The MC-3 canopy assembly (Figure A-1) is a 24-foot MFF back-type parachute that deploys manually or automatically. The canopy is aerodynamically designed with 17 vents in the rear and 4 turn slots on each side. The turn slots are louvers of the canopy material and protrude above the normal canopy curvature. Control lines, ending in toggles located on the rear of the front risers, are attached to the turn slots. Manipulation of these toggles controls the volume and direction of airflow through the turn slots, allowing variation in the direction, forward speed, and rate of descent of the canopy. This MC-3 rig and T-10 "unmodified" chest reserve have been maintained by a FAA master rigger.
The "Papillion" was the French version of the Para Commander. These type of rounds were called "Lemoigne" parachutes named after a Frenchman who invented the principle. The principle is to "pull down" the center of the round parachute with a center line to create more "pressure" and add a range of small openings in the panels. The effect is better glide, quicker turns. These parachutes were actually not even perfectly "round". Probably the first step towards the principle of flying "wings" instead of "dropping" in a silk parachute.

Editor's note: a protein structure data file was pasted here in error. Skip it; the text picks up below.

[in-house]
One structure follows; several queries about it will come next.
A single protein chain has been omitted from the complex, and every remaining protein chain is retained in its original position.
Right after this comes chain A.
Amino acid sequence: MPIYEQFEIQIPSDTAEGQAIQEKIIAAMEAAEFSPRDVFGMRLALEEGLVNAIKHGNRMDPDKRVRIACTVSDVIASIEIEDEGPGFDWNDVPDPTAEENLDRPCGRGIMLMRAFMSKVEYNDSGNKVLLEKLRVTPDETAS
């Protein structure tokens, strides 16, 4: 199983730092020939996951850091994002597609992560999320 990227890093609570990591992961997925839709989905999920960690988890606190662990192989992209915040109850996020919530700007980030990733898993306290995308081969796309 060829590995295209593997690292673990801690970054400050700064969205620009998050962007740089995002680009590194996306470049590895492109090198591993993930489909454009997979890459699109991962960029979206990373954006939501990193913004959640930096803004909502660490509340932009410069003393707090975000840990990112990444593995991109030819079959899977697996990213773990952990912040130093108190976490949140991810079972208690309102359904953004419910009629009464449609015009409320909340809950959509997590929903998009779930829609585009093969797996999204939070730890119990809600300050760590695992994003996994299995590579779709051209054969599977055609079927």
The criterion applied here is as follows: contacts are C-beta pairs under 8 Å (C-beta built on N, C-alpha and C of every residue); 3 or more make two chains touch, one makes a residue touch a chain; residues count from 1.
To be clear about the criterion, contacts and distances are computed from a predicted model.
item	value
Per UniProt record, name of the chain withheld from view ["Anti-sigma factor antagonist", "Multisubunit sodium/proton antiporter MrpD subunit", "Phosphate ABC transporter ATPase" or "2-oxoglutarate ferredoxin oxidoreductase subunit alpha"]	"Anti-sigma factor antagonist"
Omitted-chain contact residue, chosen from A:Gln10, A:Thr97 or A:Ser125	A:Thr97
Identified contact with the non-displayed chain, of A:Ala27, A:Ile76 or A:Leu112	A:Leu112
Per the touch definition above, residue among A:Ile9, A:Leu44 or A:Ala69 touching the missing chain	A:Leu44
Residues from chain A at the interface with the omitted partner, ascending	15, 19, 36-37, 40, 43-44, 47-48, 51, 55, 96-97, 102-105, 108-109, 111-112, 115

The "Papillion" was very popular in Europe and there was a Czech version of the lemoigne type and a Russian version. The american versions were the Para Commander, SF MC-3 and the Competition Para Commander (CPC).
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